Let The Pushback Begin!

Predictably, industry groups are nervous about the new rules. Last week the American Chemistry Council, the Council of Industrial Boiler Owners, the Portland Cement Association, and the US Chamber of Commerce wrote to the Biden administration to request “ample channels and opportunities for public and stakeholder input” as part of the process of determining a final number for the social cost of carbon.

Predictably, the Charles Koch-funded Heritage Foundation was livid about the proposed changes. Nick Loris, one of its energy economists, criticized the accounting mechanism as an ineffective way to pursue climate policy. “It’s concerning to me that a figure that has such wild swings … could ostensibly determine whether or not the benefits of a project outweigh the costs. It doesn’t give you any policy or regulatory certainty, or really any confidence in rule making if the costs can swing that wildly.” Loris did not get his knickers in a knot when the prior administration drastically lowered the social cost of carbon, however, which makes Loris a leading contender for a “situational ethics” award.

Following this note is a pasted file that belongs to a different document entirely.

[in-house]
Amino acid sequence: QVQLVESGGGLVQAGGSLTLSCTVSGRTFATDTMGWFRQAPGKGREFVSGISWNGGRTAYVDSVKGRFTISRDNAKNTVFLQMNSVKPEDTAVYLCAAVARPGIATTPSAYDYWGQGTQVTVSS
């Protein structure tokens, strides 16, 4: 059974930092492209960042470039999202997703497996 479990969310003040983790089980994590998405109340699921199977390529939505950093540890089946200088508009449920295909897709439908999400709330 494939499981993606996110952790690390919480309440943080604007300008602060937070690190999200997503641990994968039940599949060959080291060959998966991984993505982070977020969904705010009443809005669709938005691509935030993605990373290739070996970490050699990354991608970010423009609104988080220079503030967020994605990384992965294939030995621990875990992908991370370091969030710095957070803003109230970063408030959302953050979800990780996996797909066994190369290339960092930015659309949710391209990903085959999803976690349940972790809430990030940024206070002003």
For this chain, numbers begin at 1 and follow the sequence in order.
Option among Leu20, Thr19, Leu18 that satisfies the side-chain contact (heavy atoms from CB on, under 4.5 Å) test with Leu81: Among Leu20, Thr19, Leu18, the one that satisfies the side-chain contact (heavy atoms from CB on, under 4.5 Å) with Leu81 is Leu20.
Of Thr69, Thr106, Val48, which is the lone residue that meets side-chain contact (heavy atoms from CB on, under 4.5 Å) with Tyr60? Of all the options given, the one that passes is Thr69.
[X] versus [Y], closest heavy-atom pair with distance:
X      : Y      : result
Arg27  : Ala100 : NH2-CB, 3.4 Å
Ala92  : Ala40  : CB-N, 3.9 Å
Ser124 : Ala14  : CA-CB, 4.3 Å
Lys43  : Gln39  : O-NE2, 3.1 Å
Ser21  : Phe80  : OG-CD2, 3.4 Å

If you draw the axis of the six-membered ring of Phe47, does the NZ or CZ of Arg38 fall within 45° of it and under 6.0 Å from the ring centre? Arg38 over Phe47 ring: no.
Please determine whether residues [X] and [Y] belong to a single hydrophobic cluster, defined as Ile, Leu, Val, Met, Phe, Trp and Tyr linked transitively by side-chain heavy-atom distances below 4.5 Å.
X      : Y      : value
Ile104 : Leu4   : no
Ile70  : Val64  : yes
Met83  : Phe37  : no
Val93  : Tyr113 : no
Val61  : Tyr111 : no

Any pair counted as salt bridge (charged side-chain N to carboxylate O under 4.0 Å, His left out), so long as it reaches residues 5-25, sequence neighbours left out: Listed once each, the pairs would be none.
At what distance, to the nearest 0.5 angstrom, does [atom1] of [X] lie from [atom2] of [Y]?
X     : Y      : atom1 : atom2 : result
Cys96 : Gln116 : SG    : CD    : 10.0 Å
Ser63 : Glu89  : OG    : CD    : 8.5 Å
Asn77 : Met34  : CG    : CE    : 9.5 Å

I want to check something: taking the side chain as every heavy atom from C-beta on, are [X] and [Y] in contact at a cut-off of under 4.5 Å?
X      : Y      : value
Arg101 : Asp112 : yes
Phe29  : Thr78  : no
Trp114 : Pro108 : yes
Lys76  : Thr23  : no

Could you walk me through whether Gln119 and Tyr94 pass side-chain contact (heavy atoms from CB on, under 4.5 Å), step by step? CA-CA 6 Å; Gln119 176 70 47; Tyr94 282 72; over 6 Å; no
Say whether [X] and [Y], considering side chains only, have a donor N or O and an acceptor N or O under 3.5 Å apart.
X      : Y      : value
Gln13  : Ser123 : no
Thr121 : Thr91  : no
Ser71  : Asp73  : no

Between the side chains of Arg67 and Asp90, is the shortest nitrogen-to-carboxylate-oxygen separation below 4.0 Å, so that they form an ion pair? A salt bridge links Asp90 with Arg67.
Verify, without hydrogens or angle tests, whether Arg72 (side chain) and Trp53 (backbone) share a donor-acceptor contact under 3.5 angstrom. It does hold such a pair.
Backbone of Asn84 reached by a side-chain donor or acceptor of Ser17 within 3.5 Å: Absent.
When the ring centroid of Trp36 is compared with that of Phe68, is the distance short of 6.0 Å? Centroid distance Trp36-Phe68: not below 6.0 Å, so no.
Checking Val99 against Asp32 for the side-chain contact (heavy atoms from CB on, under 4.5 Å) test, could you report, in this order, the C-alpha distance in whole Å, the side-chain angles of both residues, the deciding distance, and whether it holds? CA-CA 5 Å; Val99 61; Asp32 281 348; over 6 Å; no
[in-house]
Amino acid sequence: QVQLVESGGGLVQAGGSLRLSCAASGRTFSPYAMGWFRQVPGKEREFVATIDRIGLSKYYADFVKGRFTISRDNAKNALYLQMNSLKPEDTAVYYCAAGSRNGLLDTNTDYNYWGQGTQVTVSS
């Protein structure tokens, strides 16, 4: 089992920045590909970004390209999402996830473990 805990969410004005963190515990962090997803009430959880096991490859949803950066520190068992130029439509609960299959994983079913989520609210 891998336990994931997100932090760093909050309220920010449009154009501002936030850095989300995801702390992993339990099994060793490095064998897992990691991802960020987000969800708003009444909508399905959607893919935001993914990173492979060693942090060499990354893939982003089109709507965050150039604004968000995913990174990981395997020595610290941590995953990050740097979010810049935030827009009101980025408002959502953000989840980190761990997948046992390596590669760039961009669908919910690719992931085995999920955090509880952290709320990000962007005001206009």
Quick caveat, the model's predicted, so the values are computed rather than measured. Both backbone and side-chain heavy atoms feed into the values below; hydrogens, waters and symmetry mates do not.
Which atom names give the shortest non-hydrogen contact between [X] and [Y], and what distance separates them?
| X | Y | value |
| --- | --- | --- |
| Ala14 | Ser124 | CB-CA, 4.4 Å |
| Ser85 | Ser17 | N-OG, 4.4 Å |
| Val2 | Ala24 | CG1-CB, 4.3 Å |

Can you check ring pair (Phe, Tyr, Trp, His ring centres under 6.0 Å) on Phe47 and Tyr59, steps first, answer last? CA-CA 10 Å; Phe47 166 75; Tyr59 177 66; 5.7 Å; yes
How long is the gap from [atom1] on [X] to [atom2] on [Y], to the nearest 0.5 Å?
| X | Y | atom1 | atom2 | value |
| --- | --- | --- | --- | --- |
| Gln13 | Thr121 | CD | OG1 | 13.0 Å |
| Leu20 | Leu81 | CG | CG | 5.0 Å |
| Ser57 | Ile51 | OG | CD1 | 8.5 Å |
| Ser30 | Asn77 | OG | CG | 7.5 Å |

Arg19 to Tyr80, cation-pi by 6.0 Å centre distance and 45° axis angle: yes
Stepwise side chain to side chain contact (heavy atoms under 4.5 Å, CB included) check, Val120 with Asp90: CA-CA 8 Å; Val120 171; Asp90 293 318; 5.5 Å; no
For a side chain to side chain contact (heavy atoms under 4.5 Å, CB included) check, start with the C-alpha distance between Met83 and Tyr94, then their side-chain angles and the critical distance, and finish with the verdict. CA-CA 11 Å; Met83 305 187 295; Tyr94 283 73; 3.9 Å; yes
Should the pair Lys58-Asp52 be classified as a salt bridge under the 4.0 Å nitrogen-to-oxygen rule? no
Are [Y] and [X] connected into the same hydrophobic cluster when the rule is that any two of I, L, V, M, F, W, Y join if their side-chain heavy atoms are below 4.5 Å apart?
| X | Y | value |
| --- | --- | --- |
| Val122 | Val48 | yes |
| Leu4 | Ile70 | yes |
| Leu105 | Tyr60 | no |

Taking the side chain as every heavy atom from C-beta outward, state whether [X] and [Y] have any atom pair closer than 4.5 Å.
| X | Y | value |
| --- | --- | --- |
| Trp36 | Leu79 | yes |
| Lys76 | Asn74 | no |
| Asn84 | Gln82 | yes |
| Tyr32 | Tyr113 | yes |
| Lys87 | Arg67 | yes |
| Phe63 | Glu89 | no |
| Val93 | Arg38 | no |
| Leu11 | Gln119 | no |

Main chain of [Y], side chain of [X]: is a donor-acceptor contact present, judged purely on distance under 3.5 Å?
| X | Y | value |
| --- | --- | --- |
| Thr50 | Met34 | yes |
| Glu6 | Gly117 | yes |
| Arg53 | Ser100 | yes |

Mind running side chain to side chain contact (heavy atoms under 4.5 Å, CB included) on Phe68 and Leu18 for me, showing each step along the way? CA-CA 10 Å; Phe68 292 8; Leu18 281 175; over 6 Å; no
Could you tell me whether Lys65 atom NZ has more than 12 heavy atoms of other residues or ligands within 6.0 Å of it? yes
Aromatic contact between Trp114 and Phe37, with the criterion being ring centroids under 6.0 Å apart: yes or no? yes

Senator Barrasso of Wyoming was similarly distraught. “The administration is laying the traps to justify punishing new regulations. Since the president can’t rationalize the crippling costs of his climate policies, he needs to exaggerate the benefits,” he said in a statement. And he has a point. A higher SCC rate will have the effect of making fossil fuels more expensive and renewables less expensive. Gee, that’s a horrible thing, isn’t it? Better to do nothing and let nature take its course. Anyone whose head is not shrouded in clouds of ideology knows nature is doing exactly that as the world experiences raging forest fires, rising sea levels, and more powerful storms.